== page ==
Some friends of mine in the railroad business now question the viability of CSX Transportation and Norfolk Southern as going concerns. One such person awoke the other night with brain spasms. Holy moly, he thought, veering in and out of sleep, Virginia and West Virginia in 2016 are beginning to look a lot like Pennsylvania in 1960. Back then, Pennsylvania railroading was defined by the movement of coal. Anthracite was dying, and Erie, Lackawanna, Lehigh Valley, Jersey Central, and Delaware & Hudson all tried to recast themselves successfully as merchandise railroads. None succeeded (which should give folks in Jacksonville and Norfolk pause). And we all know what happened to the 800-pound gorilla in that state, the Pennsylvania Railroad.
Now CSX and NS are being drawn into that same struggle, thanks to the collapse of their lucrative coal markets. Both railroads appear to see the intermodal business as their salvation. But at the same time, these railroads must also rationalize their networks or drown in avoidable capital and operating costs. For instance, what is the excuse for having two mostly double-tracked railroads crossing Virginia on an east-west axis? (Out west, BNSF Railway and Union Pacific have stranded assets of their own.)
How the eastern railroads come out of this I’ll leave for another day. Right now I want to talk about Amtrak. Amtrak, you say? What’s it got to do with coal? A lot. Here are three possible accidental victims of coal’s demise.
California Zephyr. I rode the Zephyr from Chicago to Glenwood Springs, Colo., just three days ago. It was dark by the time we crossed the Mississippi River into Iowa. But the next morning after breakfast, leaving Denver was again one of those experiences you live for. Over 185 miles and almost seven hours I stayed glued to the tall windows in the Sightseer Lounge, unable to take my eyes off the scenery and the wildlife that inhabits it: South Boulder Canyon, Coal Creek Canyon, Fraser Canyon, Byers Canton, Gore Canyon, Glenwood Canyon—and for much of the time, the icy headwaters of the Colorado River.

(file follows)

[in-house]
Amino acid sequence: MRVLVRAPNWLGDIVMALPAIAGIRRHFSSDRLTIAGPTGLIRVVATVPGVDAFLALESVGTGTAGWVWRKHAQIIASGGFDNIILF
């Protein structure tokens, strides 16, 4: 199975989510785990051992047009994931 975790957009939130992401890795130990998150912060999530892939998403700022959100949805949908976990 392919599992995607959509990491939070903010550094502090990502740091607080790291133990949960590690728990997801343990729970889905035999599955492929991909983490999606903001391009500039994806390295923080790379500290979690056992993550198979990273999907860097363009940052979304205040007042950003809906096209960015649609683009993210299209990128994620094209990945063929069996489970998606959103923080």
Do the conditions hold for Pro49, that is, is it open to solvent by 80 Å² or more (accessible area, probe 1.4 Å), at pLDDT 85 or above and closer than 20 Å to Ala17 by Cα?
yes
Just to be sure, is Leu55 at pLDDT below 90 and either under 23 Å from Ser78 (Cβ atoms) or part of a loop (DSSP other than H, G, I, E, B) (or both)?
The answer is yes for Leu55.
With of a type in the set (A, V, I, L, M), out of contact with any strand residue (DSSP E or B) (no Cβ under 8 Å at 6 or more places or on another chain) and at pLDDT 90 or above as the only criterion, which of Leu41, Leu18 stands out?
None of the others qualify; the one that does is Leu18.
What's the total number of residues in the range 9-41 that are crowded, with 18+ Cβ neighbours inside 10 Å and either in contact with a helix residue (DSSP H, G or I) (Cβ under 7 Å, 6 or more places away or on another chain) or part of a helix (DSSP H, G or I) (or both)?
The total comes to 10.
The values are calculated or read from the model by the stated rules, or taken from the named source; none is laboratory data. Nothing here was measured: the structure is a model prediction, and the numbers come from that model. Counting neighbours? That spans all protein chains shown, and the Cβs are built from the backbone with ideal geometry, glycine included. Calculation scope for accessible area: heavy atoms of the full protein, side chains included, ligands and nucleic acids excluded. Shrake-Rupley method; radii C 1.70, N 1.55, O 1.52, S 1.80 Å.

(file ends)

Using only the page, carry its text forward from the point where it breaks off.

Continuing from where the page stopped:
But listen up: The Union Pacific route we took out of Denver is about two mine closings from being an ultra expensive-to-maintain, worthless vestige that UP cannot afford to retain in its present form. Already, coal traffic down 28 percent on this line in January from a year ago, according to UP filings with the Surface Transportation Board. Were the mines around Steamboat Springs (on a branch north of the line Amtrak uses) to shut their operations, the economic justification for keeping the Denver-Salt Lake City route intact collapses. Mines in western Colorado, around Grand Junction, can be served by sending trains west to Salt Lake City and then east on UP Overland Route.
The California Zephyr could easily enough be run via Cheyenne and Green River, as could BNSF trains that run Denver to Salt Lake City on trackage rights.
So I say, if you’ve been thinking of riding this train, do so this year. Long term, the future of this train through Colorado’s Rocky Mountains is clouded.